The woman who called was short on her rent. She had a job lined up, she explained, she'd never had to ask for money like this before.
I said I'd check what we could do and call her back, but I knew we couldn't bridge the entire amount she needed. She said she would continue calling around and try to piece together the rest.
I get a lot of calls like this--and people show up at the door in need of help. But there was something a little different about this conversation and its resonance with me...and I realized it was because the woman was middle-classed.
This was revealed by the way she spoke, her choice of words. It set me back for a moment; that I had recognized her class over the phone--and that--I'm laying all my cards on the table now--it made me more eager to help her.
I could be more circumspect about what triggered this response. I could say that it was because our small contribution could truly make an enormous difference in her life--as opposed to offering what often feels like such a temporary stop-gap--a drop into a bucket with a huge, obvious leaking hole. And that might have been part of what I was responding to.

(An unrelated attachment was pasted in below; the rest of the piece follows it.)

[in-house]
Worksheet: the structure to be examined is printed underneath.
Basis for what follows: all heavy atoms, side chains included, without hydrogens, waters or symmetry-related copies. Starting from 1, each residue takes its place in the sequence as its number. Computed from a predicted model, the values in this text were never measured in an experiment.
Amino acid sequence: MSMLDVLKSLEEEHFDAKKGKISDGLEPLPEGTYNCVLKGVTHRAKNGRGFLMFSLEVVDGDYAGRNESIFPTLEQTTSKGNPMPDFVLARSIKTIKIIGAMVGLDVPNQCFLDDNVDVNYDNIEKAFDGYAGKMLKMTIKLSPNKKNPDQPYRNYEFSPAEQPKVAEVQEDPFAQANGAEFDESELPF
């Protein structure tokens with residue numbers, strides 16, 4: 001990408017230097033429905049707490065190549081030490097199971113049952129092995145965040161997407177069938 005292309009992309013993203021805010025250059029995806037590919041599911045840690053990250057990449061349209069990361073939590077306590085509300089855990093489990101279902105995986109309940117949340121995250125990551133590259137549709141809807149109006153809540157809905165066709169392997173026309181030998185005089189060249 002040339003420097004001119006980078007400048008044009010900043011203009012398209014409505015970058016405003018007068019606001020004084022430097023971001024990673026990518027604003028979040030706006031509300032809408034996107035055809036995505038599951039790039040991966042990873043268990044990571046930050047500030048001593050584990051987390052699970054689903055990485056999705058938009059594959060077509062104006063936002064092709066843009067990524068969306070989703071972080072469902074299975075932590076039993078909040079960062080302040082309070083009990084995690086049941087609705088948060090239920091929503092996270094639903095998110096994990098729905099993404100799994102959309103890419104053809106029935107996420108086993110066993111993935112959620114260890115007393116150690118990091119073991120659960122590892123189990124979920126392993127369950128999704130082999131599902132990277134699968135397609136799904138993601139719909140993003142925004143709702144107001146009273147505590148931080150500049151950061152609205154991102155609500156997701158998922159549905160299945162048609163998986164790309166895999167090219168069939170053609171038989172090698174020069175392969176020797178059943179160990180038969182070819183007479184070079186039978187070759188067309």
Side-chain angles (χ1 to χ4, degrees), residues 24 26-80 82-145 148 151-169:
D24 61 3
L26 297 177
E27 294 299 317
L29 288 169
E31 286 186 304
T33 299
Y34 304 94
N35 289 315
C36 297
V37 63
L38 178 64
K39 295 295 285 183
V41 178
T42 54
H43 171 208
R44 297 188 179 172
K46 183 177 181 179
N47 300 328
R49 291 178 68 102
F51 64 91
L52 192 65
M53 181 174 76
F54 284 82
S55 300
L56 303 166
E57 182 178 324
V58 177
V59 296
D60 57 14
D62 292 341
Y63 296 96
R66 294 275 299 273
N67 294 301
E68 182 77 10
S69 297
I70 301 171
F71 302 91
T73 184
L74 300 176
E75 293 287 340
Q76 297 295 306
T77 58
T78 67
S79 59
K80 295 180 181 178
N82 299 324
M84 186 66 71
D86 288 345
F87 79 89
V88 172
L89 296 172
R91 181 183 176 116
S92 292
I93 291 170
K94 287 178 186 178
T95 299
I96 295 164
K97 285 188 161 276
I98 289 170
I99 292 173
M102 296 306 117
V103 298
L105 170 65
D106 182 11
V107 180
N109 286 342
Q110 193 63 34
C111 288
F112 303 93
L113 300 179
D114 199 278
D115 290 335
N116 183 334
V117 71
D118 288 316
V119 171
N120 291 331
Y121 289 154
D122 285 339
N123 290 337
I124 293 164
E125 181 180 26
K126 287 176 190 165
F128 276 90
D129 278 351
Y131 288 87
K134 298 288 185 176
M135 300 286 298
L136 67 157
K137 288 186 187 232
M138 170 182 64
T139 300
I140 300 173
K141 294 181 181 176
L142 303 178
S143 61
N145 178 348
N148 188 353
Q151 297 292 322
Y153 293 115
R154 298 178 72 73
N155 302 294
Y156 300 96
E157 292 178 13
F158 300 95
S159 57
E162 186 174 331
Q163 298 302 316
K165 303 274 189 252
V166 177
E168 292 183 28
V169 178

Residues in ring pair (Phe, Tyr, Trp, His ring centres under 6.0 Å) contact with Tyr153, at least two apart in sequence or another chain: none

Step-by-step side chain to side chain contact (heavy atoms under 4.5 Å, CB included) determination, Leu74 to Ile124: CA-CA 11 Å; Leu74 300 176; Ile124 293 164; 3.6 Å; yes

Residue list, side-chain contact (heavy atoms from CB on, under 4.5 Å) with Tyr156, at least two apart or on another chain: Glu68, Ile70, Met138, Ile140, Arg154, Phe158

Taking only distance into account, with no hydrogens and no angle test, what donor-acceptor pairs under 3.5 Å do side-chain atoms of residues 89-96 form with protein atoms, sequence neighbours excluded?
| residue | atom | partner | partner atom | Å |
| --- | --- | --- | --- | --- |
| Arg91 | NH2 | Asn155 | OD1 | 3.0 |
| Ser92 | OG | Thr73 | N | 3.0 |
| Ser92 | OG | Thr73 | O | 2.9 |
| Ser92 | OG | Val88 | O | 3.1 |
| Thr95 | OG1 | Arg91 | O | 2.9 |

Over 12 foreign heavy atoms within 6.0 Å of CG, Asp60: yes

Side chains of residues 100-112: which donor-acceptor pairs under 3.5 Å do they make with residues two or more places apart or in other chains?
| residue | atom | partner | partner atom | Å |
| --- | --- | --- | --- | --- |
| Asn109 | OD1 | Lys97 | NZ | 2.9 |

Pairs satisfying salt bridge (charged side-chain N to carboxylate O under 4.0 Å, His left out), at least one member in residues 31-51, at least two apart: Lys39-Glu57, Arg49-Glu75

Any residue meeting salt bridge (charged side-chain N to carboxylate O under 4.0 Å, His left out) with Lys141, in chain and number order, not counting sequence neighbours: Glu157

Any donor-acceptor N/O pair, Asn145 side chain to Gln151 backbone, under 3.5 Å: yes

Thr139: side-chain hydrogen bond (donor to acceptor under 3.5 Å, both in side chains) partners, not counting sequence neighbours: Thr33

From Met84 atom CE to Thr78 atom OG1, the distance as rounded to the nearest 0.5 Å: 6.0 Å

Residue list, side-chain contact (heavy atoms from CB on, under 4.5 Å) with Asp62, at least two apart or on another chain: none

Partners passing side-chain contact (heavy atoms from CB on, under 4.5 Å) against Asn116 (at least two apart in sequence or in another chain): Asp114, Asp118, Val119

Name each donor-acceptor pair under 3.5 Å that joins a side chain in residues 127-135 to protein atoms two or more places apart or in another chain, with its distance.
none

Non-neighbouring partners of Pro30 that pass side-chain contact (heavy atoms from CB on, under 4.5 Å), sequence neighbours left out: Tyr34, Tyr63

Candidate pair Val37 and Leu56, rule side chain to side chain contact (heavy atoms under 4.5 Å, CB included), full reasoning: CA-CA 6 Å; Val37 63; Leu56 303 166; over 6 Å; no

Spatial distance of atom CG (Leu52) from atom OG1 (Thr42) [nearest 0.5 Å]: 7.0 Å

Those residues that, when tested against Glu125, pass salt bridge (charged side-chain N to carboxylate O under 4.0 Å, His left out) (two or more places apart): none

But the take-home lesson for me was that those people who understand the social code in our country can more easily negotiate with the gatekeepers... gatekeepers like myself, or those at the phone company or the credit card company, or the gas or electric companies. If you can speak the language the right way, you are more likely to be granted a reprieve. But if you never learned the code, the gatekeepers can tell; we may not think consciously about this, but we can tell.
When I called her back to let her know we could contribute a small amount toward her effort, the woman burst into tears. "I think I'm going to be able to do this! Everyone I've called has been so nice to me!"
Yes. Like recognizes like.
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